"While we have always placed an emphasis on transparency and accountability in a way that ensures that the company is more than just me, redefining my role has been one of the hardest decisions I've had to make, but once I made it, it took on a course of its own," Jreissati says. "To make the company strong I've had to weaken my position. The less the company is reliant on me the more the company is reliant on (other) individuals. It makes the company more transparent. "As an owner-operator you tend to be involved in a lot more areas than is appropriate for a company looking to float. I hope to become redundant in the next three years. It would be a measure of Bensons' success if it reaches the point where it no longer needs its founder." Jreissati believes Bensons' internal systems – including the appointment of a chief financial officer and the introduction of sophisticated financial reporting systems – has given it the strength to support a business three times the size. The company is currently in negotiations to acquire two businesses which would add $22 million revenue to Bensons Group.
"We believe we need to be of a certain critical mass in terms of revenue – $70 million to $100 million – before Bensons Group is going to appeal to potential investors, especially institutional investors, as well as potential directors. To attract the calibre of directors we're looking for, we must ensure that Bensons is an interesting and dynamic company. We already have an active board, but it's still in its infancy and we plan to make further appointments to the board in the year ahead. By the time we're ready to float, I think the maturity of the board we have in place will ensure that the board will be deciding the fate of the company, not the current owners." Jreissati says his preference is be chairman of the board when the company floats, rather than CEO, but that will partly depend on where the market feels he can make the greatest contribution to Bensons' success. What he is certain about is that he won't be both chairman and CEO of a listed Bensons Group of Companies. "If we're going to attract proper investor interest we need to demonstrate that we have an even-handed, impartial board protecting the rights and interests of shareholders," he says.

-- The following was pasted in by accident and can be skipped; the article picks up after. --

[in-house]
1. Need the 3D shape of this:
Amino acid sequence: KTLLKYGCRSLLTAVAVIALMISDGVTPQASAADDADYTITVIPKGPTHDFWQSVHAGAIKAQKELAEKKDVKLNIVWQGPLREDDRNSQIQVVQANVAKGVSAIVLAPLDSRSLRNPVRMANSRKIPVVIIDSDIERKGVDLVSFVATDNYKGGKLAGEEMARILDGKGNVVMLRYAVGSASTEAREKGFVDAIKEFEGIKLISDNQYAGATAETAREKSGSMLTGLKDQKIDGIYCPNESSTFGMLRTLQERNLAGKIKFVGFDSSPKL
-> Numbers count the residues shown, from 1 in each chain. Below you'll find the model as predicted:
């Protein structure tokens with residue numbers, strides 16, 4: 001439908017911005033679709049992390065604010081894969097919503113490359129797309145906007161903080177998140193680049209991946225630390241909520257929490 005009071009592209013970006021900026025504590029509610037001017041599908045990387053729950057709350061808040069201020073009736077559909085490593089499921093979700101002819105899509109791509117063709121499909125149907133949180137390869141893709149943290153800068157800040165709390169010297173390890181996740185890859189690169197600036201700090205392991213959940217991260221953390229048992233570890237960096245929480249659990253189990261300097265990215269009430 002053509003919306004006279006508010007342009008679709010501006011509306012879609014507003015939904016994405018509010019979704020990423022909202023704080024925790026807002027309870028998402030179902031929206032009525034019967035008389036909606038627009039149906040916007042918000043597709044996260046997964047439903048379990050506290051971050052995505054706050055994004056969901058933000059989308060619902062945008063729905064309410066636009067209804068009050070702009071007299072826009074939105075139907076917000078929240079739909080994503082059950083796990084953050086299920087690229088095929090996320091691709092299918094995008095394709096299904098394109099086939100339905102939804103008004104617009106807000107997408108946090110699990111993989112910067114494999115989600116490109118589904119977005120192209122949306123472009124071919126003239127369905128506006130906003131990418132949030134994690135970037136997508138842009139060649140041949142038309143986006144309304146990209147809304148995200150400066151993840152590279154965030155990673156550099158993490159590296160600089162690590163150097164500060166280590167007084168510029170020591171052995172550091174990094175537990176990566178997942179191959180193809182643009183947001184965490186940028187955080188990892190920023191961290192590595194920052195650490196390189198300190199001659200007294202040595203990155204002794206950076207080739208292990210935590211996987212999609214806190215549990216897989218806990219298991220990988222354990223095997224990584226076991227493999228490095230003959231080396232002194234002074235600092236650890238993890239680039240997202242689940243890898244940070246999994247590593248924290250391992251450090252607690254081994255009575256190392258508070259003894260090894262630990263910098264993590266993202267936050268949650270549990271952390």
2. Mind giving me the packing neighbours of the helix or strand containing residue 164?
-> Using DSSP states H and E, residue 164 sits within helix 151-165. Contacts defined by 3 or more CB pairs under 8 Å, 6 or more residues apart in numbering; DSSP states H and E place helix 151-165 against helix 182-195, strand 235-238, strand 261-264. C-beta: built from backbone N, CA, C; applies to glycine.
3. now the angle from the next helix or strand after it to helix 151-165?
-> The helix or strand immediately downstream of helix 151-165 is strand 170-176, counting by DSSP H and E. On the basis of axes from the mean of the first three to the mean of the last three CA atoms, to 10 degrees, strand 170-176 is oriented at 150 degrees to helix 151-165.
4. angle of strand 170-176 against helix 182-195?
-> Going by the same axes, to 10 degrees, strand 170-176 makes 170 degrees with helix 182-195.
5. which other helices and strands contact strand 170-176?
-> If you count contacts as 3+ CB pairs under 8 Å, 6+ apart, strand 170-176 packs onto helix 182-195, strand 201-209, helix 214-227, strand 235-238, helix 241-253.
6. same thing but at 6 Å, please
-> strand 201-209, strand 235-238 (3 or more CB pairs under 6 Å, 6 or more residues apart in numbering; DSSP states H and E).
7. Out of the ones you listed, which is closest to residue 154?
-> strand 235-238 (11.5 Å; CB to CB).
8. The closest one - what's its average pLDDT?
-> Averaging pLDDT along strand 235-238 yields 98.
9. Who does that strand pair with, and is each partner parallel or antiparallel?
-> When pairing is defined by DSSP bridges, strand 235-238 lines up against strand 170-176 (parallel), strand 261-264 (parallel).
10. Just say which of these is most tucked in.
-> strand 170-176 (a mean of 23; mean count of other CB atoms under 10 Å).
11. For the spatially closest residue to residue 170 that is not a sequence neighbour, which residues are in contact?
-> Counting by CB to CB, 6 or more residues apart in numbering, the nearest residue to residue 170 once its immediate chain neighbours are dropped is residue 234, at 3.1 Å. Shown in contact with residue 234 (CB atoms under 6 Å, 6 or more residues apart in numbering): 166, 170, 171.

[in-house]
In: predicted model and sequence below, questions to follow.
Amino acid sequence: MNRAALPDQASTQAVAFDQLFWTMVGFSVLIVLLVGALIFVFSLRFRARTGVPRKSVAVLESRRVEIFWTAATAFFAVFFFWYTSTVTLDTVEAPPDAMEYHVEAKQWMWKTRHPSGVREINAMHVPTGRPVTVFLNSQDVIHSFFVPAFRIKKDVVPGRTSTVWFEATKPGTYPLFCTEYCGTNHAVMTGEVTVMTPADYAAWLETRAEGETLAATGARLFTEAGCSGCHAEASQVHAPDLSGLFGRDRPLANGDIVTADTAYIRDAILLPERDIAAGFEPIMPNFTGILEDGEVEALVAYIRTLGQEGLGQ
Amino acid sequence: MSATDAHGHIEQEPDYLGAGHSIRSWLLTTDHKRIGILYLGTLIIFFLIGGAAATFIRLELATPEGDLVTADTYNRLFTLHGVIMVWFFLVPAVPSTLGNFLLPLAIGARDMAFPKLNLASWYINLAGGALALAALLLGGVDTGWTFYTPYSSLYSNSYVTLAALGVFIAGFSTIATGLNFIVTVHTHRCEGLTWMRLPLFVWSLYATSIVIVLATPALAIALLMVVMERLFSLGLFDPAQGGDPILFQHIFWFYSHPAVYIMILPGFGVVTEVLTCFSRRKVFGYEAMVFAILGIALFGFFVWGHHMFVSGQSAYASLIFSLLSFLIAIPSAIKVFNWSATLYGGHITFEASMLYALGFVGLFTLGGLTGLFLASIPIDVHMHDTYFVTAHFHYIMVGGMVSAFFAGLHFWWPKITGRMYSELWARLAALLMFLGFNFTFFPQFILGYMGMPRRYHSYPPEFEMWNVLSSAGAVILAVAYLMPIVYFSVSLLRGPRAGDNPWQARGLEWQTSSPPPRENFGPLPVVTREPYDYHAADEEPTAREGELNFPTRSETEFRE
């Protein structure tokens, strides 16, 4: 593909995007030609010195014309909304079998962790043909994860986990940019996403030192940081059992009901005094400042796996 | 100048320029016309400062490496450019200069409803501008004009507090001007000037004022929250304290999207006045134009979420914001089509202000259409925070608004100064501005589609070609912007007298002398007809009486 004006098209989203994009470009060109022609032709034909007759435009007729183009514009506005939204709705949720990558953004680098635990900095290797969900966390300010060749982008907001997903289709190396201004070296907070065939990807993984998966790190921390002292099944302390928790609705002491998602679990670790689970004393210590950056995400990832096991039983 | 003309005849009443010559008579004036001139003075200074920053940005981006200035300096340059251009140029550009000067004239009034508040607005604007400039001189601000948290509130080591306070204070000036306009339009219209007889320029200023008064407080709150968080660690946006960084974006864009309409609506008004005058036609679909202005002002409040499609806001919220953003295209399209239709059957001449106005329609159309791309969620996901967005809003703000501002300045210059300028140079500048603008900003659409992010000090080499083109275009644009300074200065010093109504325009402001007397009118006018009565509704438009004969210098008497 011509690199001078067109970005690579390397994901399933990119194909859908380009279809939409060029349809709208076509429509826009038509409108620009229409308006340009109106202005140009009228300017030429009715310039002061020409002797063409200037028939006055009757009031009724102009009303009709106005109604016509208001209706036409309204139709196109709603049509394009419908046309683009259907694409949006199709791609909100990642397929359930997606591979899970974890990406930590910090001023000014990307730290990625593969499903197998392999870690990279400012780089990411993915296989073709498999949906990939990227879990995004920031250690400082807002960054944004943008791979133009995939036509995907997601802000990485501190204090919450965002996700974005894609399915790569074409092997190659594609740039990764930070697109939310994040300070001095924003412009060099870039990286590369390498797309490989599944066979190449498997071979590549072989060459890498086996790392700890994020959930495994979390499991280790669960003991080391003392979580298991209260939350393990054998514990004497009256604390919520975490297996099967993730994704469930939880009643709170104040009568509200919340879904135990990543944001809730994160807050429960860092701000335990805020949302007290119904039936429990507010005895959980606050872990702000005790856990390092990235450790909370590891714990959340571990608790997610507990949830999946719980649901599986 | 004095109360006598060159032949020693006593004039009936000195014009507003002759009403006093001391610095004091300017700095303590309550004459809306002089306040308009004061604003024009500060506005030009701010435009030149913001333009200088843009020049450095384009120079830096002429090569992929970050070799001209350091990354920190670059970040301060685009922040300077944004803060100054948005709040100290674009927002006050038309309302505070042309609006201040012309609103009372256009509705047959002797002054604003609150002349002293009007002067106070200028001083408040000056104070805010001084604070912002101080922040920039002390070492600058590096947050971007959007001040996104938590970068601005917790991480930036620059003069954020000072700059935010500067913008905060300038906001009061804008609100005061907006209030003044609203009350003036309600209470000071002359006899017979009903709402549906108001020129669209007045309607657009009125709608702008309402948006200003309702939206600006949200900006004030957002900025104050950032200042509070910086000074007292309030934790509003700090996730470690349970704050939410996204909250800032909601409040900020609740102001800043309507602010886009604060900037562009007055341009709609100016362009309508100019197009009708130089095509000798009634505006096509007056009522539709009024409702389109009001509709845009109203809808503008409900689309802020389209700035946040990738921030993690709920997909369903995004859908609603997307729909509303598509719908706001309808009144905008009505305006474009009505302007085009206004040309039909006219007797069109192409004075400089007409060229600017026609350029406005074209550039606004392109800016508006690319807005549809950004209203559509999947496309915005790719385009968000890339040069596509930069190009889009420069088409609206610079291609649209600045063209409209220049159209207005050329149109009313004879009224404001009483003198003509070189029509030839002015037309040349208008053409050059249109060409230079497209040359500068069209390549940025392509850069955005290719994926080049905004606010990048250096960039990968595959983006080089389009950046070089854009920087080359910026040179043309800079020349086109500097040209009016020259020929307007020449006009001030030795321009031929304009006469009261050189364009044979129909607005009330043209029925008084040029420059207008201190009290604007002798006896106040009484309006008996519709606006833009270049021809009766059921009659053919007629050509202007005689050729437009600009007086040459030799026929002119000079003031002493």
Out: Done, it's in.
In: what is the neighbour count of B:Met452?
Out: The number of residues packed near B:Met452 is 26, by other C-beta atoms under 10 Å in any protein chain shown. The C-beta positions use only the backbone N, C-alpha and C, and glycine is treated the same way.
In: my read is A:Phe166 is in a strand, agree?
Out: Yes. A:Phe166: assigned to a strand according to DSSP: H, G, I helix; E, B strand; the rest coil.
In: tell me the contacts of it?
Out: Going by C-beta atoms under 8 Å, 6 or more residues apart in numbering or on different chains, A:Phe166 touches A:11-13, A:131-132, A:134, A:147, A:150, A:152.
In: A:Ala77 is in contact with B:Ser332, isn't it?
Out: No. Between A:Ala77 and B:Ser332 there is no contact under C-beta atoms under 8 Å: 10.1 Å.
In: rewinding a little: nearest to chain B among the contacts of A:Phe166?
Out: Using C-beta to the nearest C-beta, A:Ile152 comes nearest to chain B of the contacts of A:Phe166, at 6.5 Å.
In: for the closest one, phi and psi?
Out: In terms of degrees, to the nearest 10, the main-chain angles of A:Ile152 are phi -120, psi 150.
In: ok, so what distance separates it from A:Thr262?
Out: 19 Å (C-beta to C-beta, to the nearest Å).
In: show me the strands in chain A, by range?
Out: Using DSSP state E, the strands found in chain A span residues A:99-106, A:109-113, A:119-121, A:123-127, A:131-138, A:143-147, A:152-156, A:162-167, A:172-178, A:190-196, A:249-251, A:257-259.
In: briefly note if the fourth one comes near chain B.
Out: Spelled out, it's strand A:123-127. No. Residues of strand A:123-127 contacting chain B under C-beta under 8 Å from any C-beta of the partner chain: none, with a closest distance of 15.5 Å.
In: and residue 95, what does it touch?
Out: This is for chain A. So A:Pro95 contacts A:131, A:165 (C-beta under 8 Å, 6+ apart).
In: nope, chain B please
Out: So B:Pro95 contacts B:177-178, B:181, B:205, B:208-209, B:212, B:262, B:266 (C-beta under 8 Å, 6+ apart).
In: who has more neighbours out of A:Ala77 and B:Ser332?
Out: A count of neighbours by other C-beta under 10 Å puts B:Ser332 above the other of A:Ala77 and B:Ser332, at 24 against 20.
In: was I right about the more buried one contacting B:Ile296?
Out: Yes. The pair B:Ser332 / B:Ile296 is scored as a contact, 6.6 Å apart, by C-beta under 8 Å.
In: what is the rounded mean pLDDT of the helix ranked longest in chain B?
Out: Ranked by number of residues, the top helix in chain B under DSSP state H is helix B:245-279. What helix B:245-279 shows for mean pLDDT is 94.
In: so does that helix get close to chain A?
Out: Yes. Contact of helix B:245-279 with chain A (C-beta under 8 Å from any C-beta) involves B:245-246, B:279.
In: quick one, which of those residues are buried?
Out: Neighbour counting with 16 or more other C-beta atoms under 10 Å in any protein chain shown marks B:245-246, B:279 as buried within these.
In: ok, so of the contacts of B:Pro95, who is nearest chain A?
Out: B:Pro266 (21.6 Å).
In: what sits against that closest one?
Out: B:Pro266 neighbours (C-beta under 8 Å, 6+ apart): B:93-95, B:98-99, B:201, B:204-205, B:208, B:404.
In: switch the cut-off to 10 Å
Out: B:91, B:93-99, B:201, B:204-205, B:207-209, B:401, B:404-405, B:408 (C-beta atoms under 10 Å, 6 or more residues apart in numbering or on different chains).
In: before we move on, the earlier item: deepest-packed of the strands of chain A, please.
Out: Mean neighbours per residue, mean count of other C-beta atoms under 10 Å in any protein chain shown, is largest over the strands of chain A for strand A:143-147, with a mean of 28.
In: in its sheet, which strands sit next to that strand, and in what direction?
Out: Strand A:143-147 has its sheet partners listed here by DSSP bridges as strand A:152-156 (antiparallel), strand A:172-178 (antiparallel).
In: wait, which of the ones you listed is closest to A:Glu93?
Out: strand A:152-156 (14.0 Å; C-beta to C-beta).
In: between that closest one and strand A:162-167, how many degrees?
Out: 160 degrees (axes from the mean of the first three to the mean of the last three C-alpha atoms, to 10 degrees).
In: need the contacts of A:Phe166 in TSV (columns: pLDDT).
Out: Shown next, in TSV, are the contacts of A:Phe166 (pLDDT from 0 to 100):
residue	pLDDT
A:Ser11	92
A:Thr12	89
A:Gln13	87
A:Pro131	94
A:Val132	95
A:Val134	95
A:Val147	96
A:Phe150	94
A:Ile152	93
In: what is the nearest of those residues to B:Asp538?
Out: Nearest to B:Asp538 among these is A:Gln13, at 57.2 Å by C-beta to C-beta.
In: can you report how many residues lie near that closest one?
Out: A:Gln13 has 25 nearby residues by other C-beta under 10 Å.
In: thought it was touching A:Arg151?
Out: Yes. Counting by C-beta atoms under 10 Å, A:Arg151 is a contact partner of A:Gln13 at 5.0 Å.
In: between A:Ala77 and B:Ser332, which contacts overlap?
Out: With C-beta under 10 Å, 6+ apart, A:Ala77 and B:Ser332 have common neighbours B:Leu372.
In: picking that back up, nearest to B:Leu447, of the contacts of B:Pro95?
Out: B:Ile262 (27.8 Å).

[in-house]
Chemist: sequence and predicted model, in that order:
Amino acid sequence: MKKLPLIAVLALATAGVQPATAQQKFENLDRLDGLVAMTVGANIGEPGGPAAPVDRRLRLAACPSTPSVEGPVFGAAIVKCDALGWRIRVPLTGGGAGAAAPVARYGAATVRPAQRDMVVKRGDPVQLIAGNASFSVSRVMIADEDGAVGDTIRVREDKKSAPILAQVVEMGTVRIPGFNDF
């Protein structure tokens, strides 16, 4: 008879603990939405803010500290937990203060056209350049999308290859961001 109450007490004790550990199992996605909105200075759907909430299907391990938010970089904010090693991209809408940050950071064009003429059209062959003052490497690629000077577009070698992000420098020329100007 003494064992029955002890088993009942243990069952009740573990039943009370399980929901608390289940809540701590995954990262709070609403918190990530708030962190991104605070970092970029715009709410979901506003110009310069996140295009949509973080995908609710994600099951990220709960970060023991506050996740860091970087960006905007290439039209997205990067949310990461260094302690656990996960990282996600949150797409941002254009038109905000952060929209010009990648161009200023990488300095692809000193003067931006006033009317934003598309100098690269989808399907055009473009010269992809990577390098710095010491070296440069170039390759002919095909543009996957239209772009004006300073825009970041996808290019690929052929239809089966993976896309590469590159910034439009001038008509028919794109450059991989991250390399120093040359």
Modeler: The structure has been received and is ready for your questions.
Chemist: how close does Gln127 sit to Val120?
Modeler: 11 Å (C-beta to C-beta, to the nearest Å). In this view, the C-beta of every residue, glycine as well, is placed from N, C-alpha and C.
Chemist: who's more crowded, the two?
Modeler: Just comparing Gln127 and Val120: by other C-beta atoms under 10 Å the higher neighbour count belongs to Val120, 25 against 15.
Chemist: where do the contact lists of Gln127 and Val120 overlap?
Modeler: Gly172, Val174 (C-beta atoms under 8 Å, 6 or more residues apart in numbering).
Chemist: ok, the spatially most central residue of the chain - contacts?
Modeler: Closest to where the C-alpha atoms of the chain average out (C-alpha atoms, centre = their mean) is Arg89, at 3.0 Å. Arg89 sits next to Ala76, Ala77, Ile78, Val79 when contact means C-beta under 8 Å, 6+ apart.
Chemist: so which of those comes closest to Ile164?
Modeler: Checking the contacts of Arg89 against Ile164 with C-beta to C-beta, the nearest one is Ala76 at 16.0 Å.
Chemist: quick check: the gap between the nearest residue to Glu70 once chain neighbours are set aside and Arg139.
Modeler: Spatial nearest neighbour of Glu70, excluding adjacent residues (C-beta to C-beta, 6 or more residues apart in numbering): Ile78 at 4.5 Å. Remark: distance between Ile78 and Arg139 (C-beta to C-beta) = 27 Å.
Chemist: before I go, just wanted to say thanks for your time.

Jreissati believes Bensons Group will be ready to list in 12 months, but emphasises that Bensons' future is not dependent on floating. Even if the "market realities of the day" dictate against a float, Jreissati believes his company will be the better for having prepared for one. "Even if the float doesn't go ahead, I'm a great believer that nothing in this world stands still, life is about movement. You've got to aim towards goals whether you achieve them or not. Our goal of floating has provided us with a level of clarity and a level of sophistication that has made us a much stronger company," he says. "If we don't float in 12 months' time, I will be able to look back and say that, yes, preparing for a float has added costs to running our business, but we're a better company for it."